Hematopoietic stem cells are responsible for generating blood and immune cells. They are vital to the function of the immune system. With age their function alters in unfavorable ways, leading to the production of too great a proportion of myeloid cells versus lymphoid cells, but also declines in total. This is one of the contributing factors in the aging of the immune system, which is itself very influential of the progression of aging and age-related frailty. Thus potential ways to restore the hematopoietic stem cell population to a more youthful capacity to generate immune cells is an important part of the toolkit for human rejuvenation that lies somewhere ahead of us.
A key step in hematopoietic stem cell (HSC) aging research was achieved in 1996, revealing that HSCs from old mice were only one-quarter as efficient as those from young mice at homing to and engrafting the bone marrow (BM) of irradiated recipients. Aged HSCs are inferior to young HSCs and show incomplete reconstitution potential. This discovery established that the HSC aging process is accompanied by functional decline. Since then, differences between young and aged HSCs have been elucidated from multiple aspects, and the mechanisms of HSC aging have been gradually illustrated.
Different studies have explored the mechanisms by which aged HSC dysfunction occurs. Altered expression levels of multiple genes and mutation of some specific genes were shown to lead to HSC aging. In addition, inhibition of some signaling pathways, such as the mammalian target of rapamycin (mTOR) and p38 mitogen-activated protein kinase (MAPK) pathways, was closely related to HSC aging. Furthermore, epigenetic perturbations also drove both cellular functional attenuation and other aging manifestations. Finally, some factors in the HSC niche, such as cytokines and enzymes, are also crucial during the aging process.
Currently, there is no doubt that HSCs show declining function during aging, but whether this dysfunction is reversible remains unclear. Notably, researchers showed that prolonged fasting can rejuvenate HSCs. Prolonged fasting reduces circulating IGF-1 levels and protein kinase A (PKA) activity in various cell populations and promotes stress resistance, self-renewal, and lineage-balanced regeneration. Further, HSC aging is accompanied by alterations in gene expression. Therefore, overexpressing knocking down the expression specific genes might be strategies to prevent HSC dysfunction. Reduced Satb1 expression was found in aged HSCs and associated with compromised lymphopoietic potential, and forced Satb1 overexpression partially restored that potential.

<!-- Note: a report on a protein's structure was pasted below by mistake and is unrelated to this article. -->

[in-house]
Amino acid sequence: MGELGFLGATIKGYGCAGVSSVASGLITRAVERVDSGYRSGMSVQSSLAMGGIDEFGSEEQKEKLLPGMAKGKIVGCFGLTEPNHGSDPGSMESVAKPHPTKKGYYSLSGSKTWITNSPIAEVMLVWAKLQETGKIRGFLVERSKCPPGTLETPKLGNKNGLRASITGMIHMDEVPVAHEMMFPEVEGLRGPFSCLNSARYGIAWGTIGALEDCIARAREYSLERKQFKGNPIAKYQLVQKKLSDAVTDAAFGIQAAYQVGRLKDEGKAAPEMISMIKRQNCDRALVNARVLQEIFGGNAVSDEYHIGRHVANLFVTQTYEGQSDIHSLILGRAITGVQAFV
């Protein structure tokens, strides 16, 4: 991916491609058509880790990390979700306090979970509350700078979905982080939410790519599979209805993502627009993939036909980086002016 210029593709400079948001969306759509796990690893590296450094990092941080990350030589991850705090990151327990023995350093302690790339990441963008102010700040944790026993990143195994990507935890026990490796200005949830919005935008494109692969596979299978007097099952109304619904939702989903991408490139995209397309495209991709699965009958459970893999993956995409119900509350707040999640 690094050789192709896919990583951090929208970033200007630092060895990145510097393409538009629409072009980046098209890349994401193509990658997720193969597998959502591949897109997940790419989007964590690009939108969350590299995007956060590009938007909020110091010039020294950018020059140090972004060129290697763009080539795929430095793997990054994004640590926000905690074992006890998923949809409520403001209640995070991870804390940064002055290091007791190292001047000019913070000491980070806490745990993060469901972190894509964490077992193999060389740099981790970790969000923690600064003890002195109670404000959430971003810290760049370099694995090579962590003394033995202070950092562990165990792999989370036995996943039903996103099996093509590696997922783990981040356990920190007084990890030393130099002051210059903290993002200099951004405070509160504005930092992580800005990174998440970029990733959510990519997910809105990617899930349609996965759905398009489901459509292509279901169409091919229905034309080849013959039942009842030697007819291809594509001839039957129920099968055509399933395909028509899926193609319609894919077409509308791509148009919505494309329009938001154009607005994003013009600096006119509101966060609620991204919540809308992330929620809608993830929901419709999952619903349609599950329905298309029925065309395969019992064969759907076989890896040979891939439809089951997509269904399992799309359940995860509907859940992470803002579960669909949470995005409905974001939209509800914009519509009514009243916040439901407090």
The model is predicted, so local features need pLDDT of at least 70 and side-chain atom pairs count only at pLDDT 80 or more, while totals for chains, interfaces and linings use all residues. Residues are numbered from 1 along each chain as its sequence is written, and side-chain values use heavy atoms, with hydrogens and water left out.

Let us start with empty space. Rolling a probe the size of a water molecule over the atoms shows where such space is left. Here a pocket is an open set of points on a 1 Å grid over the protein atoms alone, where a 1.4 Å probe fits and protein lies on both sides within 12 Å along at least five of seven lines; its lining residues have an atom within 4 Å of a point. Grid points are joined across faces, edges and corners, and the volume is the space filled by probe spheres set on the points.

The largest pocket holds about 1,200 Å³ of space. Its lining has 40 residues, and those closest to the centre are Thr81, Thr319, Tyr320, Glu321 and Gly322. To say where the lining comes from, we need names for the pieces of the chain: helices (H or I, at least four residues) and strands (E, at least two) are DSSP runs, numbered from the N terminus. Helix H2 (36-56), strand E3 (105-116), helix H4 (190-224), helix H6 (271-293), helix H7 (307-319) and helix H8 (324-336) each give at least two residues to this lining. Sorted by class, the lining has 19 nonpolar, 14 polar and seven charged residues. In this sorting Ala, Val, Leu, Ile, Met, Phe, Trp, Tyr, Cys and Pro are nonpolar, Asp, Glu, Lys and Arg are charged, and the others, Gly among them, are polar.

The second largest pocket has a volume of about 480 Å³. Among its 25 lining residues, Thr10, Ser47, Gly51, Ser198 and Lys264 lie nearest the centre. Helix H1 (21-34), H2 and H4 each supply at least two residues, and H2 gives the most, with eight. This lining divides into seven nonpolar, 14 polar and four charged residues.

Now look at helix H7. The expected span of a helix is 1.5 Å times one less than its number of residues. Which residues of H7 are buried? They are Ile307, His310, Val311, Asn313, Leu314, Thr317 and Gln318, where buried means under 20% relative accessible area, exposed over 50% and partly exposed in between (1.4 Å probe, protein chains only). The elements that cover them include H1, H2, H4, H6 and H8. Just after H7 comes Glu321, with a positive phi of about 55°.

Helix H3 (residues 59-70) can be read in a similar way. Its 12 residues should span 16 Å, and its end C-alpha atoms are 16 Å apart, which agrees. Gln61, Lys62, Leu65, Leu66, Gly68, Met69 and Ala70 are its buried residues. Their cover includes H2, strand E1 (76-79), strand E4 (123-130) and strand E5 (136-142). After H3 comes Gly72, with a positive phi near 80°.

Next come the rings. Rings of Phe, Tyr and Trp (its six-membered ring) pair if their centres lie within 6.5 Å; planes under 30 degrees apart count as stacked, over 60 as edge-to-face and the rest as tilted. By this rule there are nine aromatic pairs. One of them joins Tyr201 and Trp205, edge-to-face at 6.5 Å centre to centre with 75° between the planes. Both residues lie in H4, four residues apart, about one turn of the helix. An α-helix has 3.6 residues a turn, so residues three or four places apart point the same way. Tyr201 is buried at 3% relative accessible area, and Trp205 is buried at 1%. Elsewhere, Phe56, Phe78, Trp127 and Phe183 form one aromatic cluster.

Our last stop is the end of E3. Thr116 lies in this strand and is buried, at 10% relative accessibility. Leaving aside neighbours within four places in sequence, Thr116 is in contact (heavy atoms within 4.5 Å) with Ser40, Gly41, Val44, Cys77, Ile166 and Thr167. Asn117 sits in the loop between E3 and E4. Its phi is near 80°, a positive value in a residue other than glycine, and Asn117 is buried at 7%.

Aged mice exhibit increased mTOR signaling in HSCs, and mTOR inhibitor rapamycin can enhance the regenerative capacity of HSCs from aged mice, improve their immune response, and extend their life span. Cdc42 regulates diverse cellular functions, including cellular transformation, cell division, migration, enzyme activity, and cell polarity. Aged HSCs show elevated Cdc42 activity, and Cdc42 inhibition has been demonstrated to rejuvenate HSC functions. Further, inhibition of p38 MAPK reduces reactive oxygen species (ROS) levels and contributes to HSC rejuvenation. TN13, a cell-penetrating peptide-conjugated peptide, inhibited p38 activity and rejuvenated aged HSCs by reducing ROS.
One strategy to delay aging is to restore cell functions, while another is to clear senescent cells. Senescent cells accumulate with age and contribute to the development of aging-related diseases. Depletion of senescent cells mitigated irradiation-induced premature aging of the hematopoietic system and rejuvenated aged HSCs in normally aged mice.